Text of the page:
“Good. Now I am going to tell you something. I wished to bury this receptacle in Queens, New York, inside the grave of my son. I made inquiries. For a payment, it would be allowed. This was good news. But I promised myself, if there were difficulties, perhaps some legal impediment, I would at least scatter the ashes over the mound of earth that covers the boy’s remains. I told myself this with sincerity. I think for a year or more than a year this was my dearest wish. It is not impossible that it endures until this moment. Yet the dust of my wife remains here, unburied. I have not completed this task.” He fell silent for a moment. Then he turned and with some effort replaced the urn in the cabinet and shut its yellow door. He got down from the chair and dragged it back to the table, where he sat down next to his former pupil.

“Now, Miss Ang, I want you to think about what I am going to ask you. If I could not leave this apartment to do this for Carlotta, why in the name of God would I go into the streets of the city for a person who has for me no significance whatsoever?”

She did not reel. She did not gasp. They were only words, but they had enough force to propel her to the door.

“You are leaving?” he asked, as if he were unprepared for her departure. “You flee from me the way you did your mother?”

Cynthia turned in the open door. “Now, Mr. Barbershop, I am going to tell you something. I did not run away from my mother. A rolled up newspaper: that doesn’t hurt. Her words didn’t hurt me, either. She was only telling me what I already knew myself. It was my father. At the end of the day he’d come home to our building. He’d climb the stairs to the second floor. Right away he’d go to the room where I was playing or I should say trying to play the Inventions, making a shambles out of the counterpoint, thinking there’s going to be a better artist in the audience, thinking my arms are getting tight, too tight, I’ll never be able to finish, thinking, thinking. And I could smell the radishes on him before I saw him. The radishes and the soy and the chicken and the marinade from the chicken and the shells of the shrimp and all the other shit he’s spent his whole life cooking for other people. I’d look up. He’d be standing in the doorway, sometimes still in his apron. And he’d be beaming! Beaming! He’d say, Very beautiful. Very beautiful music. That’s what I ran away from, Mr. Barbershop. It wasn’t bearable. You’d run away, too.”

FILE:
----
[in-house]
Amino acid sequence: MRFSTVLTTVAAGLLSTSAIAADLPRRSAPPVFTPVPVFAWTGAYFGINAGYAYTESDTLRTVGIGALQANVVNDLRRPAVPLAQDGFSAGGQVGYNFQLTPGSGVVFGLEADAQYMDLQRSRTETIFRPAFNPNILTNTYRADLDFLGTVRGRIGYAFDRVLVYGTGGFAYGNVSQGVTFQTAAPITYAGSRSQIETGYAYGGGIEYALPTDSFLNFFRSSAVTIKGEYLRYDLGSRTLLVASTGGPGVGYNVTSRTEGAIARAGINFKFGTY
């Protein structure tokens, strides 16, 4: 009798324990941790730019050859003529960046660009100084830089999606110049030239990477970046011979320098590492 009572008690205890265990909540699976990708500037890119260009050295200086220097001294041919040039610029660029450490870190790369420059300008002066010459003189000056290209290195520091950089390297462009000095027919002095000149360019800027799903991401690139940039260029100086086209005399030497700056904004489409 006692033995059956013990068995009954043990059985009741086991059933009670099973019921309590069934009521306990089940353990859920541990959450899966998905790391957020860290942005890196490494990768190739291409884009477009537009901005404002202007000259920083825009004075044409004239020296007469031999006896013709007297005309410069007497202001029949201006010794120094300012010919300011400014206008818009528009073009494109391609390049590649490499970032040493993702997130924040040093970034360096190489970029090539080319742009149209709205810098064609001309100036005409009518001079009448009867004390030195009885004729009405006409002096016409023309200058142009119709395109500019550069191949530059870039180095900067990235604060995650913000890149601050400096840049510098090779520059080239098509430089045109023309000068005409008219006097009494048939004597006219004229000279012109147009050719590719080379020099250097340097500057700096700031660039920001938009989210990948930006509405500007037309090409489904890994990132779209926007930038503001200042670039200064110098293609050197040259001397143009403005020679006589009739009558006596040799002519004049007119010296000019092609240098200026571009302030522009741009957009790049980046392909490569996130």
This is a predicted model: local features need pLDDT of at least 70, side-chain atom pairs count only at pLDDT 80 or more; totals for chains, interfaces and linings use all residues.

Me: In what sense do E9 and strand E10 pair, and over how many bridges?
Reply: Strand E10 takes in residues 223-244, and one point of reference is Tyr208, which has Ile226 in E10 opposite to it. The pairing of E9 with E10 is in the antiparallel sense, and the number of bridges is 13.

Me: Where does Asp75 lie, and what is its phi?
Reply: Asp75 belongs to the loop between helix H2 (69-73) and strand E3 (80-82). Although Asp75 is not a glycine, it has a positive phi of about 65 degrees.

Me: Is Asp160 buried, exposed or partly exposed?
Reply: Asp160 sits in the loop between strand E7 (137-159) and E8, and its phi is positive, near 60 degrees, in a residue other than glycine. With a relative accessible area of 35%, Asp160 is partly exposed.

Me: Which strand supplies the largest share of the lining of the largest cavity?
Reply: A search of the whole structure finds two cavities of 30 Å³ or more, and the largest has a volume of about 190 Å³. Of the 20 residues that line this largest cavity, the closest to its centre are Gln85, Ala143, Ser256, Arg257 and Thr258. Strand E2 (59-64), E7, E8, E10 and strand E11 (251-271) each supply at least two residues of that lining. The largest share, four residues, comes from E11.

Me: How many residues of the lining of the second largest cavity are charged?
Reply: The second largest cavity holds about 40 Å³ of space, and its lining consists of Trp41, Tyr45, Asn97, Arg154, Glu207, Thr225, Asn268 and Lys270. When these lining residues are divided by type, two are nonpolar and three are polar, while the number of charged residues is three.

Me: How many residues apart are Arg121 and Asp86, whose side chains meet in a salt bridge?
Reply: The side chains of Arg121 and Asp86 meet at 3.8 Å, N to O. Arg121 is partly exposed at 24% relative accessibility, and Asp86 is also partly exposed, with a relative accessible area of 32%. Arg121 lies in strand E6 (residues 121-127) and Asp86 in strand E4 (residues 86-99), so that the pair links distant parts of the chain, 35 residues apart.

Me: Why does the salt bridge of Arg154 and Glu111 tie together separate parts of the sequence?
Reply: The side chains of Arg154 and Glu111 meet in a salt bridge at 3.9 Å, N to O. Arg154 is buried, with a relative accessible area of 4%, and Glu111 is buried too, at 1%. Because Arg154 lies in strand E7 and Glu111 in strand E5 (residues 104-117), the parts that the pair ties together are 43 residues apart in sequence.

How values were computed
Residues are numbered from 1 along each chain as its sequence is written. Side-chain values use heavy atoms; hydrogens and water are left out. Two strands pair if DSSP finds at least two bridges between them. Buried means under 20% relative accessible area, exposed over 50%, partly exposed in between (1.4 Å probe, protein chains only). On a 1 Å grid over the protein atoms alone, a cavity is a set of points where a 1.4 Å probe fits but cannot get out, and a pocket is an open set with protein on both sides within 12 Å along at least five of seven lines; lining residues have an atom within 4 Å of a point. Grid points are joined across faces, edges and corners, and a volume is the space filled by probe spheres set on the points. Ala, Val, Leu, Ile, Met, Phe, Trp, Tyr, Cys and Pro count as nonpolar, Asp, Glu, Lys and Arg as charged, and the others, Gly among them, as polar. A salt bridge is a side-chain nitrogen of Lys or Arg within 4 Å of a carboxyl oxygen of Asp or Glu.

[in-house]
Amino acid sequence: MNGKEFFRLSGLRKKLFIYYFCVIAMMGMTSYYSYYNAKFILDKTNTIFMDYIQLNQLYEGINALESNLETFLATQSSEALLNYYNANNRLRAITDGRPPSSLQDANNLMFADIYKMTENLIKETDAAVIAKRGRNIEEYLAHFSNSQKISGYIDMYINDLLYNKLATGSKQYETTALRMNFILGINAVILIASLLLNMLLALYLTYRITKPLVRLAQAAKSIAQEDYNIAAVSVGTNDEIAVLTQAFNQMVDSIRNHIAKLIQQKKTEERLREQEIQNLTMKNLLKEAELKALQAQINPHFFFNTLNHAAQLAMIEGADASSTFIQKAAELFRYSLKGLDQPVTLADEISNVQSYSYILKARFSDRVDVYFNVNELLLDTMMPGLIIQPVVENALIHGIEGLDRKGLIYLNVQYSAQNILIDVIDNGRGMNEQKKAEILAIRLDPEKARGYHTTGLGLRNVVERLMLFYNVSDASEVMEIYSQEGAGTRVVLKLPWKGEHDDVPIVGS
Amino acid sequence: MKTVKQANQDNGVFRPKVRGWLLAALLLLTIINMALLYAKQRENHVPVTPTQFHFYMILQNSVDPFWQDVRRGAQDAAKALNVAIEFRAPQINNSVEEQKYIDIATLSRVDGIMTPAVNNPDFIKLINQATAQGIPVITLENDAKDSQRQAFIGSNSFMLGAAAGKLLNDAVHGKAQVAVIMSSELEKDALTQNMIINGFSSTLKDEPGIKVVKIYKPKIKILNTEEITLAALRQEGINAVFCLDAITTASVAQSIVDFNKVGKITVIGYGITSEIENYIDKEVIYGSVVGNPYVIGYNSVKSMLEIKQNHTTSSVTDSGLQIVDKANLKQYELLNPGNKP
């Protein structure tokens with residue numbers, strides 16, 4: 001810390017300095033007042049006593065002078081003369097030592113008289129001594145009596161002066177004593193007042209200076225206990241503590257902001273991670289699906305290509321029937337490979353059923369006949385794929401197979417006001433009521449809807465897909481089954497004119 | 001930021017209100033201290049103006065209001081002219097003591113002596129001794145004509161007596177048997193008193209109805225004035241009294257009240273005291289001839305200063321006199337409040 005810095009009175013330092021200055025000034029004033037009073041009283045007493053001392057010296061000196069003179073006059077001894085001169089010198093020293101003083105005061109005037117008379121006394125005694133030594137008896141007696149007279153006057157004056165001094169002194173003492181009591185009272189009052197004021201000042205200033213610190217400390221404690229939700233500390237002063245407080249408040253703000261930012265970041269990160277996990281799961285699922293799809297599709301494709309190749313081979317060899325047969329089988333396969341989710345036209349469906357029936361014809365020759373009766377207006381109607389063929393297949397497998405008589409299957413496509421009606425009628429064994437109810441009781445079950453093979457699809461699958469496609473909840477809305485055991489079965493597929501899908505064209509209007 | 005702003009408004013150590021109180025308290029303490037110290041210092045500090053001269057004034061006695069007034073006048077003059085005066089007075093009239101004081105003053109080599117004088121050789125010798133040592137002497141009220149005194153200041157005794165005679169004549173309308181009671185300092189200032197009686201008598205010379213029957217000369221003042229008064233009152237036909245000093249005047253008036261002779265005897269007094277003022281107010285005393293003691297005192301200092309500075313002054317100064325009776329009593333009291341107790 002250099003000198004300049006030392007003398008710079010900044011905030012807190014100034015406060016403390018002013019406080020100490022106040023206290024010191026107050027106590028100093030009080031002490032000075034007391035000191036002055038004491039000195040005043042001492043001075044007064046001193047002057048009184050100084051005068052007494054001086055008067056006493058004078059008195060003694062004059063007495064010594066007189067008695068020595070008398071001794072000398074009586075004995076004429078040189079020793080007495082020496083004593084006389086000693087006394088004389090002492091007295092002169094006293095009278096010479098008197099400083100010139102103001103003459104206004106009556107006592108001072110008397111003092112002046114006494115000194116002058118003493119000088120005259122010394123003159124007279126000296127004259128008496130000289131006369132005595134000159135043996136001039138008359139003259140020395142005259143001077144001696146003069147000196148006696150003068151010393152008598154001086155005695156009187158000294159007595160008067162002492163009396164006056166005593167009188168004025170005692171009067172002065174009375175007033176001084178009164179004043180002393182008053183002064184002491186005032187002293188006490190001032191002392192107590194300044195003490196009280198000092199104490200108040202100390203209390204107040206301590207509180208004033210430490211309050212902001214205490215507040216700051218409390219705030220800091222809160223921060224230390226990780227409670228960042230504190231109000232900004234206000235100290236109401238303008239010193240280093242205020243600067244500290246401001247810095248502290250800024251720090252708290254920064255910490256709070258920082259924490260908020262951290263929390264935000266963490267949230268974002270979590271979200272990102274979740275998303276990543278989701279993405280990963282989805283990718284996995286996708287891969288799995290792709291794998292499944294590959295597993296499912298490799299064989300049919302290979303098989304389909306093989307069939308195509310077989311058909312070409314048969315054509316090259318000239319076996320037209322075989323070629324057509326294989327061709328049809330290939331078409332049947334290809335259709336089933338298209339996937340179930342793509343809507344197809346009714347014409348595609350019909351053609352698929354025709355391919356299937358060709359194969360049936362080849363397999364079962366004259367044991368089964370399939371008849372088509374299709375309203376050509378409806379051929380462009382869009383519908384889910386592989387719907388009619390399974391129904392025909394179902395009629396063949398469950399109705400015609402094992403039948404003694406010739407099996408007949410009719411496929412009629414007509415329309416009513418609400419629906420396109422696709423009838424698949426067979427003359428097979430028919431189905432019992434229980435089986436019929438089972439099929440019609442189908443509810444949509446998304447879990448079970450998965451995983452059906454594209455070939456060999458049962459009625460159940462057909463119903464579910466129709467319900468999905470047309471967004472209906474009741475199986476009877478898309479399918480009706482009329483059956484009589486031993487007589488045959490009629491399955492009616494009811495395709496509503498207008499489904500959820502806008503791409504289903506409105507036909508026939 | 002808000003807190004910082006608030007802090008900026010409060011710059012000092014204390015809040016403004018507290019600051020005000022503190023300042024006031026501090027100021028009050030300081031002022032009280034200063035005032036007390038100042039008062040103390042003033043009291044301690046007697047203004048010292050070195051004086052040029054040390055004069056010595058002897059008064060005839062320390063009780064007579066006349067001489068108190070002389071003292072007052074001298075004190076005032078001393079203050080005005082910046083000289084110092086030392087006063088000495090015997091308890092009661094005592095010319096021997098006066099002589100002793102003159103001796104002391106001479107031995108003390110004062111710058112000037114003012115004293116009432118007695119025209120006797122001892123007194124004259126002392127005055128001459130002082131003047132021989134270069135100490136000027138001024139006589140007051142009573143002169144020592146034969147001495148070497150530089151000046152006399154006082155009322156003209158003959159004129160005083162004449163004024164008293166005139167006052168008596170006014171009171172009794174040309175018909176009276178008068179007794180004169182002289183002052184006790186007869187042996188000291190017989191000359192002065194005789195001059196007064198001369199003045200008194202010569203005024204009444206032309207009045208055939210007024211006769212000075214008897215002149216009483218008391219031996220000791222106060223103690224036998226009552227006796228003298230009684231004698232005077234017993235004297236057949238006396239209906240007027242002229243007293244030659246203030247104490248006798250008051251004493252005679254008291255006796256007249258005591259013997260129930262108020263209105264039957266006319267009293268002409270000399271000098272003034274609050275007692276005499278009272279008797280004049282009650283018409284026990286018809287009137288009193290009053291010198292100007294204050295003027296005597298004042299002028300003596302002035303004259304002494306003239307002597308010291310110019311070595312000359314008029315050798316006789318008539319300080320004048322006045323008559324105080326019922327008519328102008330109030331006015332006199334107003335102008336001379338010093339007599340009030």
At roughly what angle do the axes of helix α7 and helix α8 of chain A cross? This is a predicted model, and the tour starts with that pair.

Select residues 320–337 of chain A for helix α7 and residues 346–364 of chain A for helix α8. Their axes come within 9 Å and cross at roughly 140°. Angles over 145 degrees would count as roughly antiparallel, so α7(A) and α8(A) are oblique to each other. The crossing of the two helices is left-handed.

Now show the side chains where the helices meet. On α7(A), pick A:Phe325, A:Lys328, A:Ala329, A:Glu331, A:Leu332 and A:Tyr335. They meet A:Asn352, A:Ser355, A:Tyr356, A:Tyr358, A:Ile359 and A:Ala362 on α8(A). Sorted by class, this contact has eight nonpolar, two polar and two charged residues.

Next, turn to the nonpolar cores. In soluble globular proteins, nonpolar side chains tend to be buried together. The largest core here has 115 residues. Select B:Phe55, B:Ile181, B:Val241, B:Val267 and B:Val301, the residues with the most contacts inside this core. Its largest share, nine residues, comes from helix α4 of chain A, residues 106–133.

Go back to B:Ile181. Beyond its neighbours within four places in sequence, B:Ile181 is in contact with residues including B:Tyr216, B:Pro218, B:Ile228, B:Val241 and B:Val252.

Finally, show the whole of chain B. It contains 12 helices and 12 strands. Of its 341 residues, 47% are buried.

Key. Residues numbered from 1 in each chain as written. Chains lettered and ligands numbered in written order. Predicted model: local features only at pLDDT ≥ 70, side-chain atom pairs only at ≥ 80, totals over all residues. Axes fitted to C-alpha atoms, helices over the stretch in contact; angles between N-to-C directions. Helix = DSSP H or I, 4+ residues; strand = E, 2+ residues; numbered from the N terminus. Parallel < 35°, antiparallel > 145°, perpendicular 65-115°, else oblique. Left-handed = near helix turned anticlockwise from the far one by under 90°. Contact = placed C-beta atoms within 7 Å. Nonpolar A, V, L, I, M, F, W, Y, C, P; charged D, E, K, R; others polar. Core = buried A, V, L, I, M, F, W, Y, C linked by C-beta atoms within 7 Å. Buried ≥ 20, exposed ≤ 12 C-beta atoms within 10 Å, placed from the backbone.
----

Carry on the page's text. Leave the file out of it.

With that she was gone. Half way down the staircase, she had a thought. Too bad she had not brought him a dog instead of her poor old cat. With a dog he’d have no choice. He’d have to go into the streets.


The next time Miss Ang and Ernst Barbakoff had a meal together, it was on a red and white tablecloth with paper plates and paper napkins, plastic utensils, an old fashioned thermos with a screw top, and a wicker basket, from which all these things, and the grilled mango chicken her father had cooked, had been taken. It was the first truly warm spring day, but the checkered fabric had been spread on top of the same table in the same kitchen they had eaten in before. “If you won’t go outside for a picnic,” Cynthia had announced, the minute she came through the door, “then we’re bringing the picnic inside to you.”

She wasn’t carrying the basket. Isaac Isenberg, his hair still in the same long braid he had affected years before, was. He had his left arm crooked through the handles. There was a smear of beard on his cheeks and chin. “Hello, Mr. Barbershop!” he half-shouted as he stepped into the room. “It’s been a long time.”